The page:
The Council has just published a set of payment data protection basics for small businesses. Why now, and how will these resources help stem the tide of cyberattacks and data breaches?In this blog post with Chief Technology Officer Troy Leach, we look at these questions and more.
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Why is the Council publishing resources for small merchants?
Troy Leach: Small businesses around the world are a magnet for cybercriminals who are using automated tools to find easy-to-exploit opportunities. With global migration to EMV chip technology, and increased prevalence of sophisticated point-of-sale (POS) malware, data security has become an issue for companies of all sizes. This is a great opportunity to empower small merchants to better protect themselves against increasing threats through awareness of how payments work and how to minimize risk of exposing their customers' cardholder data. One of the biggest challenges they face is that so much of what’s out there right now is just too complex for the small business and quickly falls back to unnecessary acronyms or technical details. With the small merchant payment protection resources, we’re providing simple, easy-to-use information as a starting point for small businesses to protect themselves and their customers.
How do the new small merchant resources fit with the PCI Data Security Standard (PCI DSS)?
Troy Leach: Most small businesses have never heard of the PCI Data Security Standard (PCI DSS), let alone read it. If they did read it they probably would need a background in both information security and payment processing to best understand the requirements. The Guide to Safe Payments focuses on areas in the PCI DSS that cover the common security gaps leading to small merchant breaches. Additionally, the guide provides tips about solutions such as secure payment terminals, encryption, and tokenization that can help reduce a small merchant’s risk. With simple language focused on business risk, it’s designed to help small businesses understand what they need and why, while also helping banks and technology providers that do understand PCI DSS to communicate it more clearly to their merchant customers.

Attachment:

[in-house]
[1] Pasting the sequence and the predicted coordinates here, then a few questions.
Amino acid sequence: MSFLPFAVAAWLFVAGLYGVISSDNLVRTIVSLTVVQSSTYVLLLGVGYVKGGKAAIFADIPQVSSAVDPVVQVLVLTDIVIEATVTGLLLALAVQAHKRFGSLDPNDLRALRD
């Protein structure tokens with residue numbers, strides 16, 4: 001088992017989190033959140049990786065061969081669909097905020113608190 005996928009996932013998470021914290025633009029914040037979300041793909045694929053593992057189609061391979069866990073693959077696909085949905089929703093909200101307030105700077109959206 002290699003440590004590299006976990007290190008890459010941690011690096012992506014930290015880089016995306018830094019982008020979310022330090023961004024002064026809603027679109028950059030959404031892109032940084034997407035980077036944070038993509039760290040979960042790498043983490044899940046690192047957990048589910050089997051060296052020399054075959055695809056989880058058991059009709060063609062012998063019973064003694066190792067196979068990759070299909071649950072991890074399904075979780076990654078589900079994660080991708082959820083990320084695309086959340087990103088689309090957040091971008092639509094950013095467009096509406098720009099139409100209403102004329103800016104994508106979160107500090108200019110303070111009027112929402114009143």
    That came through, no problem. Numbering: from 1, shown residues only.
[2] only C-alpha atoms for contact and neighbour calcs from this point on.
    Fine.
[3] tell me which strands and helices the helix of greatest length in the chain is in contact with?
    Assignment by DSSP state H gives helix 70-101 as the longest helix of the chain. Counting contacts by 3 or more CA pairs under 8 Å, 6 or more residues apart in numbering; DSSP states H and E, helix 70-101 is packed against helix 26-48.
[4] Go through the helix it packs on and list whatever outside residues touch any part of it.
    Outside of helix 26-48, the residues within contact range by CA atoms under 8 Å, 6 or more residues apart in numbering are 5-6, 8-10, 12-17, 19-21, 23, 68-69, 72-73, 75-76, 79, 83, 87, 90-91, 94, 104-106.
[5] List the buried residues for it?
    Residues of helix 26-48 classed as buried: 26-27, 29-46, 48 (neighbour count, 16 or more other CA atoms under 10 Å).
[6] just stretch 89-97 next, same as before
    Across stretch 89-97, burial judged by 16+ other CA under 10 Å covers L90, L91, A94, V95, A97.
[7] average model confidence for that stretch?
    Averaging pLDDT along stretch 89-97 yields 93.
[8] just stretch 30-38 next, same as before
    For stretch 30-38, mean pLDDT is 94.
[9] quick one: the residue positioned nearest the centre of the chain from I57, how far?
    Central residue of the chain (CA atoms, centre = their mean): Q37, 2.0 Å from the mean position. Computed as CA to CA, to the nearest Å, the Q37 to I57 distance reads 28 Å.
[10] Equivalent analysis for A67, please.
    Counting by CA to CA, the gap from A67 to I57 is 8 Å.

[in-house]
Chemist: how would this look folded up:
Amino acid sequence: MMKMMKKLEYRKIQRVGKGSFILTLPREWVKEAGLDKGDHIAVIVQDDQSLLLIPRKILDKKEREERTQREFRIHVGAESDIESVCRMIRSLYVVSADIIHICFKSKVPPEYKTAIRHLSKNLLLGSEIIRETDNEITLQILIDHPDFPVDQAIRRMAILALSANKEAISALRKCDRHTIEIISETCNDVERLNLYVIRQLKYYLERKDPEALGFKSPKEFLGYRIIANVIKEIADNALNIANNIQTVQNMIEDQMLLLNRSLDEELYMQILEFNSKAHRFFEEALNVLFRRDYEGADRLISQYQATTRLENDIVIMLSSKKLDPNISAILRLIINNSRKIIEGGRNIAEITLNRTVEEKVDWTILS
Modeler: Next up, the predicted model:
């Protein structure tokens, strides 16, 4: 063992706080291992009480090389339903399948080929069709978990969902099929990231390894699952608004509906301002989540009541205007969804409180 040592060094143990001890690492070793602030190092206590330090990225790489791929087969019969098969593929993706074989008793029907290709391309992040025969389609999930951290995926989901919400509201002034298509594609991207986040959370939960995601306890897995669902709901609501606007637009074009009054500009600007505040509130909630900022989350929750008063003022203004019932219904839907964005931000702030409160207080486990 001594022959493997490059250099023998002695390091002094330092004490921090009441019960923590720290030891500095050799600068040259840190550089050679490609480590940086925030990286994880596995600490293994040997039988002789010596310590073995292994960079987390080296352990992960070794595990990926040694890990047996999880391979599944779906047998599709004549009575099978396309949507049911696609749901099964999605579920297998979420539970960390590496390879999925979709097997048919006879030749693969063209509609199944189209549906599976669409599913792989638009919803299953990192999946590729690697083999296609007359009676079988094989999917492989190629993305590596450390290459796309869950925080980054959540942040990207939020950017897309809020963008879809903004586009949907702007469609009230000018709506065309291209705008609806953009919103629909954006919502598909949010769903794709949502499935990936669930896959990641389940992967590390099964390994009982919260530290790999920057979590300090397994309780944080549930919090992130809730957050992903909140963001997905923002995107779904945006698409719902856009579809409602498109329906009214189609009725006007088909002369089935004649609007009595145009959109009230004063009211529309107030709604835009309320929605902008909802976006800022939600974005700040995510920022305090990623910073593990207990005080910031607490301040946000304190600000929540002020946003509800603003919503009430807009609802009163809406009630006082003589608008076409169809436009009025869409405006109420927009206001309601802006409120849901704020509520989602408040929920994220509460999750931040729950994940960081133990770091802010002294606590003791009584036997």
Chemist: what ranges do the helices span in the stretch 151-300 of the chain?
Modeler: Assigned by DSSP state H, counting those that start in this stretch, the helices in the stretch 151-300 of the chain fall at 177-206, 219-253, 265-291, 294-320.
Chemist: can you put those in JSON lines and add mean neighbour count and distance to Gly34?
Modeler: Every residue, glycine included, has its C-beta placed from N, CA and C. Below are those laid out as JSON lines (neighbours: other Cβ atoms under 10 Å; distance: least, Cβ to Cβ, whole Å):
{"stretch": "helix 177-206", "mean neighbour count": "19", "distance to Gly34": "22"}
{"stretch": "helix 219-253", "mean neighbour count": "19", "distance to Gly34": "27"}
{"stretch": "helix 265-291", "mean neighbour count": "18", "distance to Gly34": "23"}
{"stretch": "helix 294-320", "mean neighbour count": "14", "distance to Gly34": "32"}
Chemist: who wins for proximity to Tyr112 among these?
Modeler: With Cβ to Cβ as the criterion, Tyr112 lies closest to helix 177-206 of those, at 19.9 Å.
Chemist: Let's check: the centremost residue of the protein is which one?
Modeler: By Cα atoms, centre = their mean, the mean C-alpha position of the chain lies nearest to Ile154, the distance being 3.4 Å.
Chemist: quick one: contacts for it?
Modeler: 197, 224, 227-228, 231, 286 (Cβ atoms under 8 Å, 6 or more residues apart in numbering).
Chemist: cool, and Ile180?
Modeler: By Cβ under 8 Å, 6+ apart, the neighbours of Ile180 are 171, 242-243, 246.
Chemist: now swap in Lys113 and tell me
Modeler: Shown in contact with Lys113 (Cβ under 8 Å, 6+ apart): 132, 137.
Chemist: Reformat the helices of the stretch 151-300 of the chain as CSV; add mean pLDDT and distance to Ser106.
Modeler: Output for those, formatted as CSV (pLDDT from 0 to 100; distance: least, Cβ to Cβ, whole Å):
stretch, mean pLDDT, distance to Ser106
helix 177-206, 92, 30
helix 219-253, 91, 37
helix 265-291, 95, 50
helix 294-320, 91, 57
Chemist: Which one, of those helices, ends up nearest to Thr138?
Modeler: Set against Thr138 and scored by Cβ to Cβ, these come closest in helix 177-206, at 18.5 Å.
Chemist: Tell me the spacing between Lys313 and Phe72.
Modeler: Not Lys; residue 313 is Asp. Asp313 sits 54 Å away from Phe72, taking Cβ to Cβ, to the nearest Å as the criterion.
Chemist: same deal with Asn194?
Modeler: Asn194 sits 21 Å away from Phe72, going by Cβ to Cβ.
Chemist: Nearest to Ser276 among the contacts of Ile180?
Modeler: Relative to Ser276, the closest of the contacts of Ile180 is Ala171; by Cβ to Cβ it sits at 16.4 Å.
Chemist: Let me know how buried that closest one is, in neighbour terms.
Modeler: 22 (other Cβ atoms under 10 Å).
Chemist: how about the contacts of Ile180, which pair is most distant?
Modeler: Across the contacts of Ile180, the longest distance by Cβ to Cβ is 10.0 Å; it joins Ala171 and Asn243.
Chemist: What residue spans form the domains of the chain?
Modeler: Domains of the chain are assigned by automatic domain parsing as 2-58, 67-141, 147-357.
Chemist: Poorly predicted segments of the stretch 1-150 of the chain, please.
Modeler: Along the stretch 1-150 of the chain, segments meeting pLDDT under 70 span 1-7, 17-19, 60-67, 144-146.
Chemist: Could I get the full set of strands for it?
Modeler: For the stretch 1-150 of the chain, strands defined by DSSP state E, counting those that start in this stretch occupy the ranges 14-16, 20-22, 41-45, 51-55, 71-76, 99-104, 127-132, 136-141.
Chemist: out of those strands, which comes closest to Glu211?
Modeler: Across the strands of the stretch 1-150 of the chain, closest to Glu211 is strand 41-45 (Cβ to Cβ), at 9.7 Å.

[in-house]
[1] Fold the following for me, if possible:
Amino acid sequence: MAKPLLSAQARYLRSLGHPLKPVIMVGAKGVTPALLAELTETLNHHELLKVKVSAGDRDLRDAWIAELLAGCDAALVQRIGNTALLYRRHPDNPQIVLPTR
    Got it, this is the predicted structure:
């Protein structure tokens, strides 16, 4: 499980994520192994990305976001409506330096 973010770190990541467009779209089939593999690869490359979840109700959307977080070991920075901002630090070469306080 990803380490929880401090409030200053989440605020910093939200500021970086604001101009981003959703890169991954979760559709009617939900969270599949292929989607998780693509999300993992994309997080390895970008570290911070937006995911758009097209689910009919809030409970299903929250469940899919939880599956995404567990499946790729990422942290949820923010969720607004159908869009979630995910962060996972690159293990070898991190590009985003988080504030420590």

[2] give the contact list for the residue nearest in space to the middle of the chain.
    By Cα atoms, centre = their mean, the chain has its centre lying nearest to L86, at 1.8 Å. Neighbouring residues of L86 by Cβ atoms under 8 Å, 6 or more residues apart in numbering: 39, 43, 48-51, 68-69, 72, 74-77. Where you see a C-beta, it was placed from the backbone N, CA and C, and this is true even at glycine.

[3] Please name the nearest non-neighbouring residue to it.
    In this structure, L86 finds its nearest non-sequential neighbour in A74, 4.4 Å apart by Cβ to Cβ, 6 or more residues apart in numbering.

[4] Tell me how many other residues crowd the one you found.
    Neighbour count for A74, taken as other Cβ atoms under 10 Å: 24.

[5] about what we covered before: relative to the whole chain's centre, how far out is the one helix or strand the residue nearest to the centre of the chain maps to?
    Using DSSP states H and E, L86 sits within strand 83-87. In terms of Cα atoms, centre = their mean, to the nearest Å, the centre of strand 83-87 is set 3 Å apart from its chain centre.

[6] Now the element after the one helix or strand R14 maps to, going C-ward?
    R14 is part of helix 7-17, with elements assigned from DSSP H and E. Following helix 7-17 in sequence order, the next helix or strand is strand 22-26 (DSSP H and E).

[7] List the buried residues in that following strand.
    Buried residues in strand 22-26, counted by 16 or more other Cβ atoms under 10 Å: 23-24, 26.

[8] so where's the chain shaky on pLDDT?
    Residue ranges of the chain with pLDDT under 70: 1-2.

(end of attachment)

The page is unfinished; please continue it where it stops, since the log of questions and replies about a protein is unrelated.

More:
How should these resources be used to improve small merchant payment security?
Troy Leach: Small merchants often rely on their banks and their technology vendors for information on what’s needed to take card payments. For security to become a priority, it has to be part of that dialogue. That’s why we’ve worked closely with banks, associations, security professionals and vendors on these resources to make them useful and relevant for the regular interactions they already have with their small business customers. To be effective, the partners that small businesses work with every day have to integrate these security messages into their merchant programs. For example, the payment diagrams can be walked through with small merchants so they can see the kind of payment setup they have and understand the risks and protections most relevant to them. We’ve tried to make this as easy as possible by creating resources that can be used in both digital and print formats, and housing them on a dedicated section on our website with step-by-step instructions for downloading and distributing the information.
What’s the key to small businesses protecting against data breaches?
Troy Leach: My experience is that small business owners want to do the right things to protect their customers. But businesses can’t protect their customers' data if they’re not aware of what they can do to help improve security. Education is the critical first step. Some of the most impactful changes a small business can make to protect themselves from a data breach are relatively simple steps. For instance, a significant factor that contributes to many small merchant breaches is so basic – not changing vendor default passwords. Yet most small merchants don’t know how to, or even that they need to, change these passwords. As an industry, if we can help these companies understand their risk, security basics to protect against payment data theft, and where to go for help, we’ll have made a substantial shift in cardholder data security for the entire payment ecosystem.
What’s next for the PCI Small Merchant Taskforce?
Troy Leach: The cross-industry group will continue to promote the use of these small merchant payment protection resources and monitor adoption and feedback in the market, looking specifically at other uses and opportunities for adding to them. Additionally, the taskforce plans to explore e-commerce more closely and evaluate what specific resources might be effective for this growing sector.